While doing backstroke body position drills we always want to keep our body straight and parallel to the surface. So, if you are starting to sink while doing any of these drills, try to sink with your complete body parallel to the surface. Not as good would be to have your head up and feet down or visa versa.
Note on kicking: while doing these drills the water should appear to 'boil' at your feet. If you're not making any bubbles at all, your feet are too low. If your feet are coming well out of the water, you should lower them so they barely break the surface. Another thing to check for, particularly for newer swimmers, is that the knees should not be coming out of the water during the backstroke flutter kick. If they are, you are bending your knees too much – there is only a slight bend in the knee during flutter kick. If you find you have this problem, kicking with fins (Zoomers or long fins) can help – and they also help increase ankle flexibility.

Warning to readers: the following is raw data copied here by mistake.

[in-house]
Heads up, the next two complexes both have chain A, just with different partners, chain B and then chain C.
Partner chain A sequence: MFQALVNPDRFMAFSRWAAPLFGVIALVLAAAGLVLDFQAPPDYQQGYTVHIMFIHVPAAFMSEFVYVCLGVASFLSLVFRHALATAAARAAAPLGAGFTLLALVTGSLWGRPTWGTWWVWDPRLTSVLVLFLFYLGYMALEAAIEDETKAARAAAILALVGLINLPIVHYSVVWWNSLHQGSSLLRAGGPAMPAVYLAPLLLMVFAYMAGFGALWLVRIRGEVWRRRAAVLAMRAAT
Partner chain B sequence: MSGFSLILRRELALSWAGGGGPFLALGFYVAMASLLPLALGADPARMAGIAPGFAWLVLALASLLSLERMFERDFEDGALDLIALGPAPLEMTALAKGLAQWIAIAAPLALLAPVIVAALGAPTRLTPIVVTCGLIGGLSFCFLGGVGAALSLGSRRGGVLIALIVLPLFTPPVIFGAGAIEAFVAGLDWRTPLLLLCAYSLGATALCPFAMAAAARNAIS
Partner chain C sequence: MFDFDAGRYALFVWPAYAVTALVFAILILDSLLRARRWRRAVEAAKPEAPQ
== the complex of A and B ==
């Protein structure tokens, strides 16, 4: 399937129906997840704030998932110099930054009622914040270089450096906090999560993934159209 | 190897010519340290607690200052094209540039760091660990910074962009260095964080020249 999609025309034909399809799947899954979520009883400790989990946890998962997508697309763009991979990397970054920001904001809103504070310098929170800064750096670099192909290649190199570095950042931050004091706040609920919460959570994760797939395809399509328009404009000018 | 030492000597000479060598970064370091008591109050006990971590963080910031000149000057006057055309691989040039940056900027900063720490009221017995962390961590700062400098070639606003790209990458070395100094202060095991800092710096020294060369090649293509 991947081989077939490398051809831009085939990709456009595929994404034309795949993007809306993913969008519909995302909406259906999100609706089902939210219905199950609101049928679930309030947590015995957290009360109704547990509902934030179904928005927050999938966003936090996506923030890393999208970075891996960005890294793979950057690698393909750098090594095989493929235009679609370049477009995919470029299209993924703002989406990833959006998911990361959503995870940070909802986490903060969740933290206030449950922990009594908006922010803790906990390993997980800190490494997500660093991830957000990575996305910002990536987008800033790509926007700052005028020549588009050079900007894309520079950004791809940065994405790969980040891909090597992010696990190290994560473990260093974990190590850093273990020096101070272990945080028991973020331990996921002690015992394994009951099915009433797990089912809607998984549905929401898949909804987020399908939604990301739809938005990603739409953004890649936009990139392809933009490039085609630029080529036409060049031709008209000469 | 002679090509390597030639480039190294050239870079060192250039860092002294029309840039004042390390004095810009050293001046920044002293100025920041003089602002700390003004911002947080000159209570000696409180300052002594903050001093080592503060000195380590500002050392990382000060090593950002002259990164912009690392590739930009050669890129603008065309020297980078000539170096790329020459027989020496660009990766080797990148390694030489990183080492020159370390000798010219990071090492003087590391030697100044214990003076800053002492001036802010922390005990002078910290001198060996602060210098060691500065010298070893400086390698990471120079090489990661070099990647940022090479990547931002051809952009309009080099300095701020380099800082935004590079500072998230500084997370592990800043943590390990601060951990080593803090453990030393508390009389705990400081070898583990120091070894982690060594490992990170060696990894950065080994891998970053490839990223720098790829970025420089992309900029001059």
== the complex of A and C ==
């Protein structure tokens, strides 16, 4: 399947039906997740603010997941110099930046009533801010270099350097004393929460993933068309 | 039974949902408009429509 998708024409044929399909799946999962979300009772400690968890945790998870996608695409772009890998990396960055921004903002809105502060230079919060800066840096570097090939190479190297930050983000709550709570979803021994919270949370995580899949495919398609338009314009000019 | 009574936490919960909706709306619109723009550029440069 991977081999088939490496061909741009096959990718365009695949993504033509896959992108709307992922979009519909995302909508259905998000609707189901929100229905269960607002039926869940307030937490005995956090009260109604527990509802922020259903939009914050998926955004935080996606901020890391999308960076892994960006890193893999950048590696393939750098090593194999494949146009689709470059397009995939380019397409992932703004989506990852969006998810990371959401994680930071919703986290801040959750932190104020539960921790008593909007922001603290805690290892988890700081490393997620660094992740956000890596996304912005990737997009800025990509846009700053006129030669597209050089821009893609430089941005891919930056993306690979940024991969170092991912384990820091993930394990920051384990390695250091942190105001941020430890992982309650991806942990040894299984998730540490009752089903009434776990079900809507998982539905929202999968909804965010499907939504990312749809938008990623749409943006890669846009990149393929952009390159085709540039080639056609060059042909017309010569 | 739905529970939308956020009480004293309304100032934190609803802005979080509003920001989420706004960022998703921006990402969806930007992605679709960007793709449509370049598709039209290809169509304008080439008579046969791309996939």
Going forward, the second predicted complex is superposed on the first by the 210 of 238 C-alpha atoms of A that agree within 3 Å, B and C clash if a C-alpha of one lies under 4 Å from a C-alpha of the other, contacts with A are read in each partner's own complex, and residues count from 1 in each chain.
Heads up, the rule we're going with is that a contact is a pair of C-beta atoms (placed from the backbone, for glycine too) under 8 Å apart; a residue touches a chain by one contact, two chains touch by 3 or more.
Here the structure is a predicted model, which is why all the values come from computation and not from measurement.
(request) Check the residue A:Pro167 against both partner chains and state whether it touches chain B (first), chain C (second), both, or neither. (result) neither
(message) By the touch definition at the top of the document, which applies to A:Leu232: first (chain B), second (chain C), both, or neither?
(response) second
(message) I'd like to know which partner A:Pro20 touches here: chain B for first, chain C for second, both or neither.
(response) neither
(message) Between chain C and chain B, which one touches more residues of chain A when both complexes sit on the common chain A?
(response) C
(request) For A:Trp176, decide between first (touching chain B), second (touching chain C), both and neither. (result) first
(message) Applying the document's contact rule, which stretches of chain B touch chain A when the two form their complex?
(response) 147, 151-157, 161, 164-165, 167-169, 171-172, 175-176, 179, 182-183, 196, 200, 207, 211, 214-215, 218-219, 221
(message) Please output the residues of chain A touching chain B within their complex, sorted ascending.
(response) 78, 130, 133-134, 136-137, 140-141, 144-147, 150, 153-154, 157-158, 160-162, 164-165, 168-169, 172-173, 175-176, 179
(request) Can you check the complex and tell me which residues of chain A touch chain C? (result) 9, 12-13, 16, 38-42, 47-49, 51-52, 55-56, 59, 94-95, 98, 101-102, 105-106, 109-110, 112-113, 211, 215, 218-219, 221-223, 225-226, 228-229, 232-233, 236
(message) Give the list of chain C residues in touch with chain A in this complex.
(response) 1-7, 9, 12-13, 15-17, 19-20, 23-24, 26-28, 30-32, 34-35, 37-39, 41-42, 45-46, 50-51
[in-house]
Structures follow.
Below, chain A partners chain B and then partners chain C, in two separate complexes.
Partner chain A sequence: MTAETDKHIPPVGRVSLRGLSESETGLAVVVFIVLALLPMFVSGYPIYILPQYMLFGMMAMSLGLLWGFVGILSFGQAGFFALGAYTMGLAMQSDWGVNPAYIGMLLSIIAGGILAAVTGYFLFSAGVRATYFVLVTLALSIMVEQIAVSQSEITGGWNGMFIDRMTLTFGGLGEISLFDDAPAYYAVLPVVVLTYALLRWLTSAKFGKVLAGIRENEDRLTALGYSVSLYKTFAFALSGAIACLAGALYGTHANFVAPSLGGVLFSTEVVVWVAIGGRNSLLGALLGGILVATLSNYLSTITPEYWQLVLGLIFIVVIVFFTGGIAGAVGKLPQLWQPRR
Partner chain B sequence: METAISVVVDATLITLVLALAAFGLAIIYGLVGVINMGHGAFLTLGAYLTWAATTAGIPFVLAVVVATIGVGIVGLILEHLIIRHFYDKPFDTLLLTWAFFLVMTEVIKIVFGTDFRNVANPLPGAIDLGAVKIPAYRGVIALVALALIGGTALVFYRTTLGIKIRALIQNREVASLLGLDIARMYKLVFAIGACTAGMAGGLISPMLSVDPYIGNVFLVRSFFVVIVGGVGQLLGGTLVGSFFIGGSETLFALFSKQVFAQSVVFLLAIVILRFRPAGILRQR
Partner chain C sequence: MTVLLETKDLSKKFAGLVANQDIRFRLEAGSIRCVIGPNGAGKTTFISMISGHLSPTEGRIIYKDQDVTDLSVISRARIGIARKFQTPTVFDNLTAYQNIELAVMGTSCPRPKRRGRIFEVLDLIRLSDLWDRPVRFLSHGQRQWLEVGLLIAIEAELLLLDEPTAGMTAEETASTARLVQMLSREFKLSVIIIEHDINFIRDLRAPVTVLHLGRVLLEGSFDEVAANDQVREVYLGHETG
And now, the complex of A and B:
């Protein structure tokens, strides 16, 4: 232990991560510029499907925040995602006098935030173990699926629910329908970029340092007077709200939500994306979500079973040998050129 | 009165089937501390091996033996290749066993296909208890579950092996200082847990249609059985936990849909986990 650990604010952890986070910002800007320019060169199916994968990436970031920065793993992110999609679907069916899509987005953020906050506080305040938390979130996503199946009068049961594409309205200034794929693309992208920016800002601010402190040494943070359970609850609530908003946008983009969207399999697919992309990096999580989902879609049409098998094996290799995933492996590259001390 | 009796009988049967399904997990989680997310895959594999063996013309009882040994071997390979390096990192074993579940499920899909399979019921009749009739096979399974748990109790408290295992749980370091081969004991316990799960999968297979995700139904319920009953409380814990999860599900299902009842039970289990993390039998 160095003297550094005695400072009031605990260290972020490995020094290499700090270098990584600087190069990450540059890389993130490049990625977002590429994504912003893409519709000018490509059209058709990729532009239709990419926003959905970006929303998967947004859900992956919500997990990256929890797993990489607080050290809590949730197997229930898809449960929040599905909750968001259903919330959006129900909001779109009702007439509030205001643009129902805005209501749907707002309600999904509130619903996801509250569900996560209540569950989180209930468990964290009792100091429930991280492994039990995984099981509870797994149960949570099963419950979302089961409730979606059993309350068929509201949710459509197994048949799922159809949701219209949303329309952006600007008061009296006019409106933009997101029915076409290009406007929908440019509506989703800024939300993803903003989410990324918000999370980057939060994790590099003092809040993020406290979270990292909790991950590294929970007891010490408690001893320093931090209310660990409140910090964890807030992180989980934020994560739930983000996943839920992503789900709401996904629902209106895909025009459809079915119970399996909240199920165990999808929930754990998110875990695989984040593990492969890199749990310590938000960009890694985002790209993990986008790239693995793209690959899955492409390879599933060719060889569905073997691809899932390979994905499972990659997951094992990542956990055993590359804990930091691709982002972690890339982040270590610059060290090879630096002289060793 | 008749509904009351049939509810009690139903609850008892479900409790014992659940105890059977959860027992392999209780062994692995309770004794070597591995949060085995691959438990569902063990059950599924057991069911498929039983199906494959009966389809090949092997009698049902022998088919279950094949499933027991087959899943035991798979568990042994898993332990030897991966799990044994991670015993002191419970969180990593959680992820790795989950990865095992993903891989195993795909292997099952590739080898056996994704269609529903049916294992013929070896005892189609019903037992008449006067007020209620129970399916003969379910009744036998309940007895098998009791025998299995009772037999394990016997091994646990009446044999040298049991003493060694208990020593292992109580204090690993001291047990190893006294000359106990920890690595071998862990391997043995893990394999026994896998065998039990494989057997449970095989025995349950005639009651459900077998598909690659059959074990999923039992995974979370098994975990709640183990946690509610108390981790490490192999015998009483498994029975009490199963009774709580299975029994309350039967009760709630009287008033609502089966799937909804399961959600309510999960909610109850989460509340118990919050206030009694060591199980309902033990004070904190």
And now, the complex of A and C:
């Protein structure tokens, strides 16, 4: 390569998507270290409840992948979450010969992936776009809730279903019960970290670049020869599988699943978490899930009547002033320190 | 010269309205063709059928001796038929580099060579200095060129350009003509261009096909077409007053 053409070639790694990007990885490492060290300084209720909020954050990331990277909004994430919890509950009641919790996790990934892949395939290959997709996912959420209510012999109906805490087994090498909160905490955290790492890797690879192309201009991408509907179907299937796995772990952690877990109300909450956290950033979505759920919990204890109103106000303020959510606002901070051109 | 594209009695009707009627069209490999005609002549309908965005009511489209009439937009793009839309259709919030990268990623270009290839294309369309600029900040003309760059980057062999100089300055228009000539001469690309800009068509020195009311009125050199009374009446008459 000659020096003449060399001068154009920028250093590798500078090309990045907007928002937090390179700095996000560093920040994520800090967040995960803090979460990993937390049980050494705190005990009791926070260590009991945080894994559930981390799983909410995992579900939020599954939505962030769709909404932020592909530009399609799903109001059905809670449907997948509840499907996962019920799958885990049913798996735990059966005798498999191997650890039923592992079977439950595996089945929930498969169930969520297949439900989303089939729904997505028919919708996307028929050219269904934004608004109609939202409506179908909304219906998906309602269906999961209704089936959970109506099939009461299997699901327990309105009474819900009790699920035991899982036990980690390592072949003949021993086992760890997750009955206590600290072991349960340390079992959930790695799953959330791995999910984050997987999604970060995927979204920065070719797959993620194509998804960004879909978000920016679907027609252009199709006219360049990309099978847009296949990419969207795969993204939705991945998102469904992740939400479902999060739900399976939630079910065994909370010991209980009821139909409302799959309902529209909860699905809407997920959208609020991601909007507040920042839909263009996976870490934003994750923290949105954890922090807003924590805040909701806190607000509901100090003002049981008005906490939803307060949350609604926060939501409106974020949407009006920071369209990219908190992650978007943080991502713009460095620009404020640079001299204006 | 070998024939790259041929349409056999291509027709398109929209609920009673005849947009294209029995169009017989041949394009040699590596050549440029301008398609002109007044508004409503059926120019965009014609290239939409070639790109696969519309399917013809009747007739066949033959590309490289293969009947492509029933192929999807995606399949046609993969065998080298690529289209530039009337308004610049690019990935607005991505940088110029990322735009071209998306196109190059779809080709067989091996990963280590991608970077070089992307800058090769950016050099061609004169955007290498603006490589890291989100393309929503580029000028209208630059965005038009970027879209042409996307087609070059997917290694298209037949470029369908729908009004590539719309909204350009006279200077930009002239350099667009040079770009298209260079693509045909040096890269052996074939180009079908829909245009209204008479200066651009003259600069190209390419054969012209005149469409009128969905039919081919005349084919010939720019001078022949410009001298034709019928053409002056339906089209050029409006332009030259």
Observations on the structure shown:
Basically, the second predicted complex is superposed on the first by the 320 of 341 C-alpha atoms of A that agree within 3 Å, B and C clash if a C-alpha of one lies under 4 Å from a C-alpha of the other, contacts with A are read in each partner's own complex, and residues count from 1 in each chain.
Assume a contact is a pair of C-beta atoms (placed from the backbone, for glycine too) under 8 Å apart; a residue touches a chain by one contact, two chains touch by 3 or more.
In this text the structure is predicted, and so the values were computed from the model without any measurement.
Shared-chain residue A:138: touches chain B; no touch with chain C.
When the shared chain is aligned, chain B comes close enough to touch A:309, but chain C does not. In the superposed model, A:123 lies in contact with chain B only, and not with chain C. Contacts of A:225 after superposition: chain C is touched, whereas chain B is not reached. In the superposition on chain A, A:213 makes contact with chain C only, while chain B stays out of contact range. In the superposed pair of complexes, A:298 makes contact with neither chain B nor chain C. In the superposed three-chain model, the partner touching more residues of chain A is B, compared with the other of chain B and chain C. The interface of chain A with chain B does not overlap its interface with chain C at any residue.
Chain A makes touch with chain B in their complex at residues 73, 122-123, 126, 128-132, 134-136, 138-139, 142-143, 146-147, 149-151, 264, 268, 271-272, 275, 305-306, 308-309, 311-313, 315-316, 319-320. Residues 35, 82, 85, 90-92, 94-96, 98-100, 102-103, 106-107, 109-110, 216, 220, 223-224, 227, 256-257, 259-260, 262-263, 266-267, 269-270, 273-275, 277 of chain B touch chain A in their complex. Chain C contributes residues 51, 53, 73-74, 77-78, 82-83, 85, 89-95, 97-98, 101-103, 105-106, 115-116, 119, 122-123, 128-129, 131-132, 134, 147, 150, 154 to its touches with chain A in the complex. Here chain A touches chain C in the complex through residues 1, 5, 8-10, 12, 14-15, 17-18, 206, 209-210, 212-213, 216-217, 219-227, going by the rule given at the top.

Another note, while doing these drills – RELAX! Although you want to keep your body straight and parallel to the water surface, you want to be comfortable and relaxed, not stiff and tense.
- First drill: kick on back with your hands at your side. Keep head in a neutral position. Keep body straight and on the water surface.
- Next: kick on back as above, but rotate body from side to side – mimicking the rotation in the full backstroke. The shoulders and hips move together, as if the trunk of the body were a telephone pole. While doing this drill, the head should remain perfectly stationary. As an added challenge, take your goggles off and rest them on your forehead. You should be able to do this drill without them falling off.